Article: Business as a force for good: Inside the culture of B Corps

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Business as a force for good: Inside the culture of B Corps

What exactly are B Corps, and why are so many companies eager to get certified as one?
Business as a force for good: Inside the culture of B Corps

In the world of business, the bottom line dictates the tenor of culture and operational strategies.

B Corporations, however, are orchestrating a movement where profit meets purpose in a bid to transform corporate practices.

All throughout March, B Corps around the world are celebrating B Corp Month, the time of the year where they share their stories of change.

With more than 8,200 member companies across 96 countries and 162 industries, the international movement has become a formidable force in the industry. B Corps have grown in popularity because of their promotion of more inclusive workplaces, positive climate impact, and effective response to global challenges.

What exactly are B Corps? Why are so many companies eager to get certified as a B Corporation?

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B Corporations in a nutshell

A B Corp is a company that has successfully undergone a strict assessment of their social and environmental performance. The process, known as the B Impact Assessment (BIA), features extraordinarily high standards so that only the best of the best of organisations are recognised. Governance, Workers, Community, Environment, and Customers are just some of the key impact areas that applicants are assessed by.

For a company to be certified, they must meet certain requirements such as passing a comprehensive assessment of their impact on all of their stakeholders. B Lab, the nonprofit conducting the B Corp certification, also needs to verify their application. This step involves disclosing any controversial operations, as well as committing to a transparent and public disclosure of the company’s performance.

What sets B Corporations apart from other companies is their focus beyond profitability. These organisations prioritise the triple bottom line of People, Planet, and Profit, using their influence as businesses to help overcome social and environmental challenges.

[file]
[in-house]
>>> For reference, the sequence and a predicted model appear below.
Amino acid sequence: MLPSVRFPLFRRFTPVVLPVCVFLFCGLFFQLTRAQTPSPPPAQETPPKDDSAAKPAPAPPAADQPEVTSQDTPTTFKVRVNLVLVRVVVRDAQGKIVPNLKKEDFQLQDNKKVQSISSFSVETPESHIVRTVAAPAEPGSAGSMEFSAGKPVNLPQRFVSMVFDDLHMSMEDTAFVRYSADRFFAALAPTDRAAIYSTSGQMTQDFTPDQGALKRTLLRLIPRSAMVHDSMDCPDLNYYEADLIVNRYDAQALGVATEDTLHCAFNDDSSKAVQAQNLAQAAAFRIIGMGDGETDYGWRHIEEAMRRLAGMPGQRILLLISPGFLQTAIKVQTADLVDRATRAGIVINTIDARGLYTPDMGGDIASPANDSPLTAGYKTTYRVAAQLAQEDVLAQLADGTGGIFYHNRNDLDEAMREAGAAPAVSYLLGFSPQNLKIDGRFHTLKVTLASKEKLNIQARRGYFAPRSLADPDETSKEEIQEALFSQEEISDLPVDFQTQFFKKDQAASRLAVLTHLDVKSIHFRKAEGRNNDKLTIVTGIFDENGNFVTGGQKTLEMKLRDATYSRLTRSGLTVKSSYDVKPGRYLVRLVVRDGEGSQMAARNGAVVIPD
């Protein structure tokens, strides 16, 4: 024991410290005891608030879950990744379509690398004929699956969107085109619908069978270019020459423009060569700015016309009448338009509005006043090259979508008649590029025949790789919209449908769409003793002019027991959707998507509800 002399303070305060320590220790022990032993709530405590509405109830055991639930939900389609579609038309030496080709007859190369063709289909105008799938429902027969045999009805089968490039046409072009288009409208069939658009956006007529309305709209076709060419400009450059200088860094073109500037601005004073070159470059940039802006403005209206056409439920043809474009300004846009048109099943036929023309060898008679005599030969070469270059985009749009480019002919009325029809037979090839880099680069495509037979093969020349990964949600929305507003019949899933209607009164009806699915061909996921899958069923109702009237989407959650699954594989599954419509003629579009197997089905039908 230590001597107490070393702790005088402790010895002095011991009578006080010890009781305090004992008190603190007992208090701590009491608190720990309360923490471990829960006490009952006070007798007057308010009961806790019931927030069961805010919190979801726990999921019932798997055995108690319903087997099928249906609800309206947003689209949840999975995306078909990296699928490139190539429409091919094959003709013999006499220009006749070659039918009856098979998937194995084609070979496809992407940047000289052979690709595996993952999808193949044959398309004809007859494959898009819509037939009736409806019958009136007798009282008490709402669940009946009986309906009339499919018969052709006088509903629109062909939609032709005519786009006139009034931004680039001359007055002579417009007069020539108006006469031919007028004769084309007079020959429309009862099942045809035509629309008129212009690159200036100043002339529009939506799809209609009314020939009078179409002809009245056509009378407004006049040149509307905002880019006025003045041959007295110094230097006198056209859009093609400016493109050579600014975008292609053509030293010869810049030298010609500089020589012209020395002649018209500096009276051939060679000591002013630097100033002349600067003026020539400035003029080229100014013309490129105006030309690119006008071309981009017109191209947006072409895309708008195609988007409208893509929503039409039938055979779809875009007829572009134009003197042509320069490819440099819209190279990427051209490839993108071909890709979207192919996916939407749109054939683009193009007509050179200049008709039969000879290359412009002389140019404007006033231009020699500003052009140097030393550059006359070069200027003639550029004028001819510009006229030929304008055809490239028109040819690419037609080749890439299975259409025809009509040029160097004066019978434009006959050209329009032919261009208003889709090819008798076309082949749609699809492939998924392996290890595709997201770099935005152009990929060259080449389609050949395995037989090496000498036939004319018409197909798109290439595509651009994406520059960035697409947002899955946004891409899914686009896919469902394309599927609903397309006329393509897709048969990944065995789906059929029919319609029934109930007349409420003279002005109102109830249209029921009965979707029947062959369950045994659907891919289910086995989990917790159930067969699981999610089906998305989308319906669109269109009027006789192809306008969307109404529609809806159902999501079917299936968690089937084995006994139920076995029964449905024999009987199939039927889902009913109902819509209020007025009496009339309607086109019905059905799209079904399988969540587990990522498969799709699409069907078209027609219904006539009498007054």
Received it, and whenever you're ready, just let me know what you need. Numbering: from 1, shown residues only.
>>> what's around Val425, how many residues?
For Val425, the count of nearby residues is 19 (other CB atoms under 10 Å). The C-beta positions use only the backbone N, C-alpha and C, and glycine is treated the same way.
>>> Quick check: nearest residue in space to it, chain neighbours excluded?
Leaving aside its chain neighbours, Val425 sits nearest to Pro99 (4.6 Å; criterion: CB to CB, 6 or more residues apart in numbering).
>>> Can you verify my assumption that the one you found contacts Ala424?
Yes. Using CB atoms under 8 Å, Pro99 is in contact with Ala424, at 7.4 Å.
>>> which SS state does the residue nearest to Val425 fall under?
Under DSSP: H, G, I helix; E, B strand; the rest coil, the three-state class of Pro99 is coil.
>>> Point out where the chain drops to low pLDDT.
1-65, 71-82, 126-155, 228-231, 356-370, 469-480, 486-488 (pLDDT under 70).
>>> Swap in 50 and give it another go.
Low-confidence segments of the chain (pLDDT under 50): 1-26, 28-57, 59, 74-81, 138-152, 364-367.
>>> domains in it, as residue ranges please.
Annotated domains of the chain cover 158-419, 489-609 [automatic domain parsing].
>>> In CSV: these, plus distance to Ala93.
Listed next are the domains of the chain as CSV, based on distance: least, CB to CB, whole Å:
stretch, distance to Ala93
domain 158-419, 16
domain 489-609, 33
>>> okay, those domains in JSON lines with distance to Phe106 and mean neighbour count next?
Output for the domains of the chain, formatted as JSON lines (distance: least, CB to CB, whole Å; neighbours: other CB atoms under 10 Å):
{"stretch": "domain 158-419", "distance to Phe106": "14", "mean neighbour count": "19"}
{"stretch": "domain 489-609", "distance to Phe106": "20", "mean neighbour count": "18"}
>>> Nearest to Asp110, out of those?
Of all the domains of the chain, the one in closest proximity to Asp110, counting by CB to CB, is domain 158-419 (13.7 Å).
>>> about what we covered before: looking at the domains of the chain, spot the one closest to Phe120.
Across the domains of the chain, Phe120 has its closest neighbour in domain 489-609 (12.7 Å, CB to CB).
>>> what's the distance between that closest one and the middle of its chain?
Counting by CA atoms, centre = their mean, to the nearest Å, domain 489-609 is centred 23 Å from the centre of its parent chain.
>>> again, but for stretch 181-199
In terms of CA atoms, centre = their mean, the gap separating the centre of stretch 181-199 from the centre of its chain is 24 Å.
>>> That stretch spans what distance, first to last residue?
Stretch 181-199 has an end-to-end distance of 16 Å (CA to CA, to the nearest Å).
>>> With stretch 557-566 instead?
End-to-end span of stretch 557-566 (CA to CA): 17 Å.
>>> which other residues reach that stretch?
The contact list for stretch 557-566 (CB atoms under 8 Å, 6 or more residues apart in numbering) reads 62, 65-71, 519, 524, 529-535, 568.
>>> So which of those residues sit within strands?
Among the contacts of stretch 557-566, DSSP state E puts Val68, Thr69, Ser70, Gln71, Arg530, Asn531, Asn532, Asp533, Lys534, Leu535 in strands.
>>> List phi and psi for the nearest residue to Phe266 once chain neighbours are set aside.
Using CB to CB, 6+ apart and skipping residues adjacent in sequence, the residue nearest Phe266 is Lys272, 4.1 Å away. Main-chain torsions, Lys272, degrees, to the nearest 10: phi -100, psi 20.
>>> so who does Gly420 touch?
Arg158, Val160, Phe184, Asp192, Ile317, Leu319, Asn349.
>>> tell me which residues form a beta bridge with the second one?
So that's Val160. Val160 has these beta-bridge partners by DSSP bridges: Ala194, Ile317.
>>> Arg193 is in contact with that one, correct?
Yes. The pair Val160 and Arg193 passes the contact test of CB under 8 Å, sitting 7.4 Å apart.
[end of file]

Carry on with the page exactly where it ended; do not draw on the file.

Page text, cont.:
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The growth of the B Corp movement

The B Corp movement started with the founding of B Lab in 2006 by three friends who shared the value of using business as a force for good.

At first, there were only 82 companies who submitted themselves for certification. However, as the principles of B Corps began making headlines, membership grew slowly but steadily.

Today, more than 8,000 companies have joined the ranks of the B Corp movement. This includes organisations in 96 different countries and 162 industries. They employ more than 750,000 workers.

Celebrating B Corp Month

Every March, B Corporations from across the world come together to share insights and best practices on how to become forces for good in the community. Members take part in special events, innovative collaborations, and influencer outreach. Pop-up shops are set up at venues and limited-edition products are showcased.

In the US and Canada, B Corps will gather for the Champions Retreat, a catalytic and inspirational event to be held in Vancouver.

In the UK, a pop-up B Corp bar will be set up in London, where participants can share stories with each other. The event will also serve to raise awareness in art-based activation.

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In Latin America, members are scheduled to hold a celebration of culinary B Corps. This includes a wine tasting event in Argentina hosted by B Corp wineries, as well as a showcase of B Corp brands on Mercado Libre. A giant ‘B’ will also pay a visit to B Corporations across Columbia and Peru all month.

Meanwhile, B Corps in Australia and New Zealand can take part in more than 20 events and cross-promotions centred on themes like progressing the retail industry.

Clay Brown, Interim Lead Executive of B Lab Global, welcomes the gathering of certified B Corporations from around the world.

“As companies who care for people, profit, and the planet in equal parts, B Corps are leading the way on how the business sector can influence a better, bolder, brighter future,” Brown said.

“As consumers, workers, and investors, our collective influence has the power to demonstrate the demand for business as a force for good.”

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Topics: Business, #Culture

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